Hugh Hughes and Hoipolloi head to Brighton Dome
7 Nov 2012
Hugh Hughes returns to Brighton this autumn with his new show Stories from an Invisible Town; a performance that sees the award-winning ‘emerging artist from Wales’ delve into his family history and explore lost childhood memories. He chatted to us about the show and the power of stories for this month’s podcast.
“If you had met us 13 months ago you couldn’t have thought it was possible,” laughs Hughes.
“My brother and sisters relationship had broken down so badly they weren’t even talking to each other. That’s why I ended up combing my memory project with working with them. I wanted to see if there was way of resolving the conflict that existed… and that’s basically what the performance is about.”
The ‘memory project’ in question is his new show Stories from an Invisible Town. Created following a trip to his childhood home to help his mother move house, the project sees Hughes reminisce, explore and reflect on his upbringing in the Welsh town of LLangefni with the help of his brother Derwyn and sister Delyth on stage.
A vast, specially created online archive of multimedia stories and memories found at www.invisibletownstories.co.uk runs alongside the project – something Hughes hopes will add an extra dimension to his performance on Friday 16 and Saturday 17 November in Brighton Dome Studio Theatre.
“What’s great about the website is that you can lay [the stories] out in particular way that doesn’t necessary add up in a linear way at all. You’re discovering bits and pieces as you go through it – it’s quite an exciting thing just to hunt around,” he says.
“It made us understand where the heavier, more substantial events occurred in our family life – what was significant and what wasn’t. It was a process of sifting through these memories to hone down on trying to actually tell the story of our family.”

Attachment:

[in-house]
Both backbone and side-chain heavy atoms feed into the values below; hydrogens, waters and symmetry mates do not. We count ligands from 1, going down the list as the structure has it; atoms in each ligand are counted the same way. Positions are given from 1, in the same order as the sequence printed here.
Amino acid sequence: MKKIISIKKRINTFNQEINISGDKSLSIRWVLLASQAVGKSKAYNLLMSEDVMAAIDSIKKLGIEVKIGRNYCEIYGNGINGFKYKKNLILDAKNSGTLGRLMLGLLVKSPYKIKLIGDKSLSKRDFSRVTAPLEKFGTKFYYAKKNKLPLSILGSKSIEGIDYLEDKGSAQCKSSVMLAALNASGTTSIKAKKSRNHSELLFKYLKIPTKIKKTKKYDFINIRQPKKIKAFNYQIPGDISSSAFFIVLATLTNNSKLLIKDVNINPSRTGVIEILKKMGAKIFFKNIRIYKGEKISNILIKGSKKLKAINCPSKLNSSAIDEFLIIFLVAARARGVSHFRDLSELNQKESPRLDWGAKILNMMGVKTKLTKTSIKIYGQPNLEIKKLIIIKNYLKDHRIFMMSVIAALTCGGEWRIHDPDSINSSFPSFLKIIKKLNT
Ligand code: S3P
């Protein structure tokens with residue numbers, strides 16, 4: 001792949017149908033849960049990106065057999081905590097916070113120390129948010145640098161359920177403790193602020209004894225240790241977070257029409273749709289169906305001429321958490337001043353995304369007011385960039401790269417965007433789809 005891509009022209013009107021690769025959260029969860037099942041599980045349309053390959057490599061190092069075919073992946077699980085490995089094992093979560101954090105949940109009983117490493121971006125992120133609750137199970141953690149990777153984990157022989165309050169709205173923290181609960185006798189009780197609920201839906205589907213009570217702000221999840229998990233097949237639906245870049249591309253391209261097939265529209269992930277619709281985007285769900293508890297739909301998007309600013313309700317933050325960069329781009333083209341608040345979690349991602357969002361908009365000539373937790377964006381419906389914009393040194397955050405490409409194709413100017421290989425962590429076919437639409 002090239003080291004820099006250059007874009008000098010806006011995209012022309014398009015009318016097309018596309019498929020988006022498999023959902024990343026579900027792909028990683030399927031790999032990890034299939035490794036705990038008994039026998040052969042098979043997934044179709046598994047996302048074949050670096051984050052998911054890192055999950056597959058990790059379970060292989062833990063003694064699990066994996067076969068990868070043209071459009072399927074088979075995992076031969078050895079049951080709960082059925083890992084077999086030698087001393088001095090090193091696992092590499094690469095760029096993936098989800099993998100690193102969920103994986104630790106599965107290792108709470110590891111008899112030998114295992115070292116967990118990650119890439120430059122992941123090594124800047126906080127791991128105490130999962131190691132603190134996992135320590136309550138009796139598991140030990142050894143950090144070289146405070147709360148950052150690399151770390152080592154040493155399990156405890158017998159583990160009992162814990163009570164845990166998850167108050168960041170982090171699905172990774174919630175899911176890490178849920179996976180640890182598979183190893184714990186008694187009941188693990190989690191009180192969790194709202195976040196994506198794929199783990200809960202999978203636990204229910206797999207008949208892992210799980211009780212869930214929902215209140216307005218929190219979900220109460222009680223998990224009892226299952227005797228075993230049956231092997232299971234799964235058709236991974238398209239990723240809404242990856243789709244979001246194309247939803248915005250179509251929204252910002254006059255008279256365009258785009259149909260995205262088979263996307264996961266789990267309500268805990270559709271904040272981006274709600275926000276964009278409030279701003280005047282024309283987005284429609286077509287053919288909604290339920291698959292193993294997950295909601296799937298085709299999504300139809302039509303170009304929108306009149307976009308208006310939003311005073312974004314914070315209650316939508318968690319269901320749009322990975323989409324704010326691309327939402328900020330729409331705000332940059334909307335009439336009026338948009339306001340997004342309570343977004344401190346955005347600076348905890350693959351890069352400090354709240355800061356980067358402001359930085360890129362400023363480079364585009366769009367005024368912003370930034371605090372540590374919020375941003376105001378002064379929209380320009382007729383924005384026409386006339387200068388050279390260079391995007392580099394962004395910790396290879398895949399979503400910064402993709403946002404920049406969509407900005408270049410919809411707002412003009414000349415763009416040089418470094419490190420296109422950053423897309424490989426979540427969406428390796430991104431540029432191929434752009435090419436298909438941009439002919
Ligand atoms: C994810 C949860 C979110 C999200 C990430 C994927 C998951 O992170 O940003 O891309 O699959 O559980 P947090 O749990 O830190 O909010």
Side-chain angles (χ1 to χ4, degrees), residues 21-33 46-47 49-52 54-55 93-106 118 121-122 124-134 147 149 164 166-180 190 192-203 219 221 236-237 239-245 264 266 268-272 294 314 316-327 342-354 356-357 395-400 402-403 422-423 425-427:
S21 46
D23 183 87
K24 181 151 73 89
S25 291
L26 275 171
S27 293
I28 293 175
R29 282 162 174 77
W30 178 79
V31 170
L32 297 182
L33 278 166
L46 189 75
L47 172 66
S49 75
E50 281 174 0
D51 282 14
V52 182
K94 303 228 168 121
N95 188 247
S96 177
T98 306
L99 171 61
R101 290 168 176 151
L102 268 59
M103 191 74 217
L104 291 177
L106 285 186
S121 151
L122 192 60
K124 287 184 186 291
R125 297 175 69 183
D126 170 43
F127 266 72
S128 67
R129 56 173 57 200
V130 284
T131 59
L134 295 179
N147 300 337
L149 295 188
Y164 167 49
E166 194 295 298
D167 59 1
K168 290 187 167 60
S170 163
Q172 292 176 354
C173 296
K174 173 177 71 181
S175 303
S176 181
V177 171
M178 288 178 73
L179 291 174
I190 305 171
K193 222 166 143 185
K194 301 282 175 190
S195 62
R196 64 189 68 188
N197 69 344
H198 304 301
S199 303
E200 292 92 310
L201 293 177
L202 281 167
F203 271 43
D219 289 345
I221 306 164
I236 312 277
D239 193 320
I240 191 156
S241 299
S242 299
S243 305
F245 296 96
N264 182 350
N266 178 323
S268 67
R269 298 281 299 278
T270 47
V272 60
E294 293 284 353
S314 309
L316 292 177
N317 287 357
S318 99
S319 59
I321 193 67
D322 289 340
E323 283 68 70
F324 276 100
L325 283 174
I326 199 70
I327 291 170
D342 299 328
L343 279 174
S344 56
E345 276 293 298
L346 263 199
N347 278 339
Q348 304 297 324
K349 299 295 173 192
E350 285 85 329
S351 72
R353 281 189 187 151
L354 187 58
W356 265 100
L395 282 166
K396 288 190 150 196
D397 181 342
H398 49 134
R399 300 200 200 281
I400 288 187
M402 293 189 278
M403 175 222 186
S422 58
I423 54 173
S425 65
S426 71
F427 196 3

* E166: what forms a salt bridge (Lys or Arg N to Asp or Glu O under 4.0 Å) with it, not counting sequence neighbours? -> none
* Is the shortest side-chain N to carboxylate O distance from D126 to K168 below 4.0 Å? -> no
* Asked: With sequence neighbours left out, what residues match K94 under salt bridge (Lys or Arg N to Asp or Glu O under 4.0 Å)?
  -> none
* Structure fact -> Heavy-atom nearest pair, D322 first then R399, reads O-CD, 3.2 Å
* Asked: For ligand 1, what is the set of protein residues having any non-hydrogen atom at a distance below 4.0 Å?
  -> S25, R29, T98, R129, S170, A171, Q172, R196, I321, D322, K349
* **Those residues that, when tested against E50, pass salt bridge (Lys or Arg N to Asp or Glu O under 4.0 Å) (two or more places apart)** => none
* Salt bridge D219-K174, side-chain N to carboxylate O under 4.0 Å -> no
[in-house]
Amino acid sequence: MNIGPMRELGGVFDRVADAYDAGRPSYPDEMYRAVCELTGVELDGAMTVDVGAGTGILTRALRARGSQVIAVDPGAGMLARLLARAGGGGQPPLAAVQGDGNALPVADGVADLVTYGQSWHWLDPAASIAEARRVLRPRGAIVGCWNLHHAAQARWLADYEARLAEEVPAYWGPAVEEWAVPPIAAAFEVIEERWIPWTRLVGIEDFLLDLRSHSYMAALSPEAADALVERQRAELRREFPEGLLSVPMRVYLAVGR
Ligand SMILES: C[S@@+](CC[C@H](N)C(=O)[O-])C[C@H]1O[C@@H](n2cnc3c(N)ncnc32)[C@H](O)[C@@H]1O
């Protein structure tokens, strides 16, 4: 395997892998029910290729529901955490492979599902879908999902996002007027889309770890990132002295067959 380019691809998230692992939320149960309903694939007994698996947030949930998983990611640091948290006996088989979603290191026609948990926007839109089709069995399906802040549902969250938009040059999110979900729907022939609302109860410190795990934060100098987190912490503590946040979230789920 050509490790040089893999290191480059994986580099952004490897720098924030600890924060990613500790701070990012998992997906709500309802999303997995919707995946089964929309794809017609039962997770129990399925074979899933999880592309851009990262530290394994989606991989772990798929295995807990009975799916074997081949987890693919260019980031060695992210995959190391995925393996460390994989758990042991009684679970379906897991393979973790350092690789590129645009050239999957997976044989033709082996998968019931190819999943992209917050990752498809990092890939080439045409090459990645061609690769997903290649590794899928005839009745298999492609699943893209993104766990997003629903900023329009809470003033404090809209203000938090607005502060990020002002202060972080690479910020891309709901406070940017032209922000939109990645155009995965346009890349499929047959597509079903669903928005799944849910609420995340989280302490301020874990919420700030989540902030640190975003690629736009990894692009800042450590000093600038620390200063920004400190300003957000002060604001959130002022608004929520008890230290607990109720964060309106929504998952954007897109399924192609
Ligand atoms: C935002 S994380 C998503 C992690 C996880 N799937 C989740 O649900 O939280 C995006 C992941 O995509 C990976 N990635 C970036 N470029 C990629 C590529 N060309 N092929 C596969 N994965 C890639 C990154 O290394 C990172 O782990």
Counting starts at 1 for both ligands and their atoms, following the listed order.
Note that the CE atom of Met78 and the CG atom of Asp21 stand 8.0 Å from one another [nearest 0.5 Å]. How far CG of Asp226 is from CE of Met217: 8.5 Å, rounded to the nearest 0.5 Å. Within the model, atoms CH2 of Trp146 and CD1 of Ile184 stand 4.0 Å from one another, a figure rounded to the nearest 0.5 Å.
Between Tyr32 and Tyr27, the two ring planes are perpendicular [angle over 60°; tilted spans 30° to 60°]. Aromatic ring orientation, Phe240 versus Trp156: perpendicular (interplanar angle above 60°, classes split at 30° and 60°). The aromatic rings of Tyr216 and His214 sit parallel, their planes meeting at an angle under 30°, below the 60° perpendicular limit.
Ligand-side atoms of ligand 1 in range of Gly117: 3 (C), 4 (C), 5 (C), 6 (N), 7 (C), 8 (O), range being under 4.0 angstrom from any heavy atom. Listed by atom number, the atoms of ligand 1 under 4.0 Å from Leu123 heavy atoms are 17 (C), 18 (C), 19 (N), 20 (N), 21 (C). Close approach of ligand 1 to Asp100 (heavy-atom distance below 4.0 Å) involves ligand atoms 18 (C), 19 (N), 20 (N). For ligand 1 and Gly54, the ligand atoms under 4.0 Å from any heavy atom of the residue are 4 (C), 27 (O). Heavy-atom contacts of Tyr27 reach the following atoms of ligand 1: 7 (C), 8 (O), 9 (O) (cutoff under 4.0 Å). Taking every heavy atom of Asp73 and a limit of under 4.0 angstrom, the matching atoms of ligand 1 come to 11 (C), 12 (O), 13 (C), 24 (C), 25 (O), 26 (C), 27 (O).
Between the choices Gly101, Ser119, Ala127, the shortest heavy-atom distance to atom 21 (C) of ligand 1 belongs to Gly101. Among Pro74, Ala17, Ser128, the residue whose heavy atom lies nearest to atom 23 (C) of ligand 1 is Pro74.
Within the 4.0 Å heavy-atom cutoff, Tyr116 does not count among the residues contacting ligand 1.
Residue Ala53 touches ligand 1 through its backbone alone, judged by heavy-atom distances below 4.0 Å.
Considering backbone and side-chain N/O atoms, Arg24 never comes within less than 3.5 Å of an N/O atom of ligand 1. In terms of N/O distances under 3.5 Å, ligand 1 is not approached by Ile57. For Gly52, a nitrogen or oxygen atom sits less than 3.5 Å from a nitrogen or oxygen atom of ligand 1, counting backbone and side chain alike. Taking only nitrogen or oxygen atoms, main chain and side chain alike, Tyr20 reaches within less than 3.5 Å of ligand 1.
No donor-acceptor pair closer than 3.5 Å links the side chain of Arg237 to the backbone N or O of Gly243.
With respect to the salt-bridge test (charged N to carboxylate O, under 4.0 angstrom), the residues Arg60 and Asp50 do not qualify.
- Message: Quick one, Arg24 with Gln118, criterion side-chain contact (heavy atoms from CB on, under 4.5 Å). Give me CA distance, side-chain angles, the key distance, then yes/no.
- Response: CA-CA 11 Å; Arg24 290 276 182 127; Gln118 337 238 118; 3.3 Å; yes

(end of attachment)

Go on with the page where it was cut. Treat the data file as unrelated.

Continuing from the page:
Brighton audiences last saw Hughes in town during Brighton Festival 2008 with his award-winning show Story of a Rabbit; a physical, playful, hilarious and genuinely moving personal account of his father’s death. His other shows - Floating and 360 - have also focussed on personal experiences with Hughes’ life, and Stories from an Invisible Town looks to continue this trend.
“I believe that is my function to communicate and share the experiences in my life to see how the correlate and add up to the experiences you’ve had in yours,” he explains.
“What we’re trying to do is offer a way of sharing the more intimate things that happen in family life. I think that’s what people enjoy – I think they’re taken by surprise that suddenly they can join in a little bit with the story-telling.”
To hear the full interview with Hugh Hughes, listen to the November 2012 podcast.